Book Title: The Nine Lives of Pakistan: Dispatches From A precarious state
Author: Declan Walsh. Bloomsbury.
In 2013, when Pakistan was in the throes of a General Election pitting Nawaz Sharif against lmran Khan (Sharif won), Declan Walsh was served with an expulsion notice, ordering him to leave the country “within 72 hours”. He had been reporting on Pakistan for a decade for The Guardian and New York Times. Such expulsion orders were rare, especially for an experienced foreign correspondent like Walsh. He rushed to Pakistan’s acting Information Minister, a former journalist himself. The Minister was genuinely clueless. However, he asked Walsh one key question: “Have you been to Quetta (capital of Balochistan) recently?” The answer would only emerge years later.
Anyway, the author’s decade-long stint in Pakistan has resulted in perhaps the best book on that infuriating, troubled, yet fascinating, nation in recent years.
The title evokes the proverb about a cat having nine lives: despite all the odds and contradictions, Pakistan has somehow managed to survive, even though in 1971, the eastern wing broke away to form Bangladesh. The portends of doom have been belied and a democracy of sorts is in place. Some years ago, on a visit to Pakistan to attend a literary festival, this reviewer asked a perceptive Pakistani friend whom he thought had done most damage to Pakistan. “Zulfikar Ali Bhutto and Zia-ul-Haq” was his immediate response. This book bears that out.
A brilliant maverick, Bhutto could hold his own among top international leaders. But he was a disaster for his own country. His nationalisation of virtually every industry and enterprise ruined the economy. And when Pakistan’s first free and fair election took place after years of military rule, he refused to accept the verdict which would have made Sheikh Mujibur Rahman the Prime Minister of the nation. He persuaded the incompetent army chief, General Yahya Khan, to crack down on East Pakistan, eventually leading to a war with India, Pakistan’s defeat, and the creation of an independent Bangladesh.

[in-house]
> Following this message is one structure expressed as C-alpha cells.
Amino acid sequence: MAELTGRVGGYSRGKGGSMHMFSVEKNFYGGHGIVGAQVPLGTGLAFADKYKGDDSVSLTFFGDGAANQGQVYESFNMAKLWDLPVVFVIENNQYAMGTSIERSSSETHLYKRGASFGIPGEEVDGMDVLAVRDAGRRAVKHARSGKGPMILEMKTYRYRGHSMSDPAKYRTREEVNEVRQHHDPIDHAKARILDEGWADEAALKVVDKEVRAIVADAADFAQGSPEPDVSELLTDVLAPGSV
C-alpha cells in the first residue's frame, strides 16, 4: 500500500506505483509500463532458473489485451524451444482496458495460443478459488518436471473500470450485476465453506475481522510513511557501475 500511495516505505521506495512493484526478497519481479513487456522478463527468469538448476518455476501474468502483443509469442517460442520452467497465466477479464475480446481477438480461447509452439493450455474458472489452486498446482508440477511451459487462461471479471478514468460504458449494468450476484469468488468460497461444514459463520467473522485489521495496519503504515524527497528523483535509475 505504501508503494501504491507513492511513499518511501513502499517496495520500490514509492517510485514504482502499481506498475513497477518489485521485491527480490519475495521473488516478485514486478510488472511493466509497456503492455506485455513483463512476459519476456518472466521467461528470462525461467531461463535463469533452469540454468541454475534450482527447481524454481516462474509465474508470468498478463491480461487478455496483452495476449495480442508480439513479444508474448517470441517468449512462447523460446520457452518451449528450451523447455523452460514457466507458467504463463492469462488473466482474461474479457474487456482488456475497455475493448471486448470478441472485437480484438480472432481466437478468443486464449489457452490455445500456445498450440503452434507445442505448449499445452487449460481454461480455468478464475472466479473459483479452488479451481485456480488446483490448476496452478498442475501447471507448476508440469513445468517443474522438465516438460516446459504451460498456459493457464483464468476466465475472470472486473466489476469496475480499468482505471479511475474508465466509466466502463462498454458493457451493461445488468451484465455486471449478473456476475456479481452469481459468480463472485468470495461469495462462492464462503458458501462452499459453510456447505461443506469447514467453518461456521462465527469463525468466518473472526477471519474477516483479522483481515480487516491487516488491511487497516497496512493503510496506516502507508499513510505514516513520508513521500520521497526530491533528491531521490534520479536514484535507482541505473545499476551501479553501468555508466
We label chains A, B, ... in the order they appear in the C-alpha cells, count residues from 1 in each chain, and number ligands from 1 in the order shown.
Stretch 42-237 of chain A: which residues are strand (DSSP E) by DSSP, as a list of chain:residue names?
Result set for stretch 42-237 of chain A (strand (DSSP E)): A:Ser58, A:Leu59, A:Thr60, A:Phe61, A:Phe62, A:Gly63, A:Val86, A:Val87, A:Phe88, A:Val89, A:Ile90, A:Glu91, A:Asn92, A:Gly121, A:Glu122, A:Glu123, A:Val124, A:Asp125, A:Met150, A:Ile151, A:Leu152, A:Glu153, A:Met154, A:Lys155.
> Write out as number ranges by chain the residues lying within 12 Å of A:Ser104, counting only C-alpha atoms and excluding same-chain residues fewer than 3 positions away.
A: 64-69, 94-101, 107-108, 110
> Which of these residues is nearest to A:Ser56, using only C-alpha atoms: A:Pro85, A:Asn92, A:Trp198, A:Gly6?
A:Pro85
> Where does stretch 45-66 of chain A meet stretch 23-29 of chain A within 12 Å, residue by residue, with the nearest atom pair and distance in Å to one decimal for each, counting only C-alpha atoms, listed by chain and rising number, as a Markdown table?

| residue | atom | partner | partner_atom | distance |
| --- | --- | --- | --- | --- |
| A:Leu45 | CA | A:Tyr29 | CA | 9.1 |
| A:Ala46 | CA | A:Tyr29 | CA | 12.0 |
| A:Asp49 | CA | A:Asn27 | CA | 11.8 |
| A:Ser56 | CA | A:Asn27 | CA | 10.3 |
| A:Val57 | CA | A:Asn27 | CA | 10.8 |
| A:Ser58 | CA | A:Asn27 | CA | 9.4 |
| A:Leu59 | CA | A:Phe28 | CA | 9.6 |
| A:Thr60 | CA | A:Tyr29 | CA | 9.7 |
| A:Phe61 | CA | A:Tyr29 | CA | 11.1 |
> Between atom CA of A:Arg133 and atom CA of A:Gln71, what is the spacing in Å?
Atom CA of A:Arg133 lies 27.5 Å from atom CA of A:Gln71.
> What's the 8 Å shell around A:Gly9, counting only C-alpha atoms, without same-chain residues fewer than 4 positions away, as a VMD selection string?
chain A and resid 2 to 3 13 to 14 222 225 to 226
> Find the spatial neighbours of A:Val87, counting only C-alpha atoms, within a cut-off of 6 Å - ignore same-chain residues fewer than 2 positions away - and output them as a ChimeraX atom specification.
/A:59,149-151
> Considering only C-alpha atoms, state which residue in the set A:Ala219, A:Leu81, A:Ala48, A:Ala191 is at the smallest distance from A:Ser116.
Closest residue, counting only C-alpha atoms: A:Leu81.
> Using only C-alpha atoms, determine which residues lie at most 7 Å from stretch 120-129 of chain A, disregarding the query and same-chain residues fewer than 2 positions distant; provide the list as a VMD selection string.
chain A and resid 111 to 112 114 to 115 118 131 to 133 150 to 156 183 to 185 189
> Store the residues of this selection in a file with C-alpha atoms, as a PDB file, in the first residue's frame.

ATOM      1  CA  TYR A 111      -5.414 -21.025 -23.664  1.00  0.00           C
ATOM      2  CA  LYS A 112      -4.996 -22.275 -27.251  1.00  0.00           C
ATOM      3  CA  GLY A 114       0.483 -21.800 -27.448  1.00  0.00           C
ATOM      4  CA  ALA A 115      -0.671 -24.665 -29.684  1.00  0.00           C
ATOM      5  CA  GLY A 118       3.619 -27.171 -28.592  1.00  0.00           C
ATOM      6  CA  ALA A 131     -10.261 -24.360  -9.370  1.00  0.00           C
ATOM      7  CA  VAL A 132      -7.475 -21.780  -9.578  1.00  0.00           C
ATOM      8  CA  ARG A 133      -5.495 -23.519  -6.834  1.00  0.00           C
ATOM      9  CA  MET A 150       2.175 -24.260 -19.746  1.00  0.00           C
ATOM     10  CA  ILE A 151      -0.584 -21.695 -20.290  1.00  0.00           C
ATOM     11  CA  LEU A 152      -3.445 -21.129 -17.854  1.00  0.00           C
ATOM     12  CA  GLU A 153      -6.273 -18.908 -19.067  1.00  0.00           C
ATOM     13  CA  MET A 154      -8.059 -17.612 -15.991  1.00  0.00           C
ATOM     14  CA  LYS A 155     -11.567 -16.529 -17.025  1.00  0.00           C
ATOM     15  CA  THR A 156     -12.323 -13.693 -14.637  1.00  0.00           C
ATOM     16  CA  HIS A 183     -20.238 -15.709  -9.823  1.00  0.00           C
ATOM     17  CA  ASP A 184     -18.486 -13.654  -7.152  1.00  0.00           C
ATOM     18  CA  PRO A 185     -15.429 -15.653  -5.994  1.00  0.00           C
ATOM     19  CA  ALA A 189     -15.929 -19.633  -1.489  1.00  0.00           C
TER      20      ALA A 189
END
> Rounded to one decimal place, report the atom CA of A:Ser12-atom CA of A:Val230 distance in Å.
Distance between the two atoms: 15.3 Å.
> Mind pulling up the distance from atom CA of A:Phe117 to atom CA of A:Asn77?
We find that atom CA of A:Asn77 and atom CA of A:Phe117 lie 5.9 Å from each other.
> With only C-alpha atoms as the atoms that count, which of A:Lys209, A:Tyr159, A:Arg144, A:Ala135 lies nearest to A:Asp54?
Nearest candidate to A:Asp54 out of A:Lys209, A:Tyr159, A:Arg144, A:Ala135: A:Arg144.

As for Zia, he left, in Walsh’s words, a “poisonous legacy” by his radical Islamisation, Saudi Arabia style. Jihadi fighters at a loose end after the Soviet withdrawal from Afghanistan were unleashed on Jammu and Kashmir. An infamous blasphemy law was enacted and Saudi-funded madrasas, preaching violence and hatred, sprung up all over the country. The “good” and “bad” Taliban came into existence, so “bad” Muslims killed “good” Muslims. Witness the Peshawar attack on a school. Also, the army’s seven-day siege of the Red Mosque in Islamabad, which ended in the killing of its head, Abdul Rashid Ghazi, echoing our own Operation Bluestar. The siege, writes Walsh, was a “watershed in the history of Pakistan”, the “first flame of jihadi firestorm” that would “threaten to consume the country”.
Walsh’s narrative is interspersed by portrayals of some of the characters he interacted with. There is the admirable and gutsy human rights activist Asma Jehangir, who took on the army (she openly called them “useless duffers”). There is also Salman Taseer, successful entrepreneur and politician. Salman courageously opposed the blasphemy law and championed an incarcerated Roman Catholic lady. His radicalised bodyguard gunned him down, another throwback to Indira Gandhi’s assassination.
It is only at the end of the book that Walsh learns why he was expelled. A former disillusioned spy of the shadowy Inter-Services Intelligence contacts him in Europe and reveals that he and other ISI operatives had been tracking Walsh’s movements while he was covering Balochistan. The province had witnessed several revolts and horrific killings. It was also where nuclear weapons were stored. The Pakistan authorities did not like a foreign correspondent snooping around.
However, one question for which Walsh is unable to find an answer is: who was behind the Mumbai terror attack? Certainly not the Zardari government. Army chief Kayani denied any role. Could it have been rogue elements of the ISI and the army? We will get to know eventually.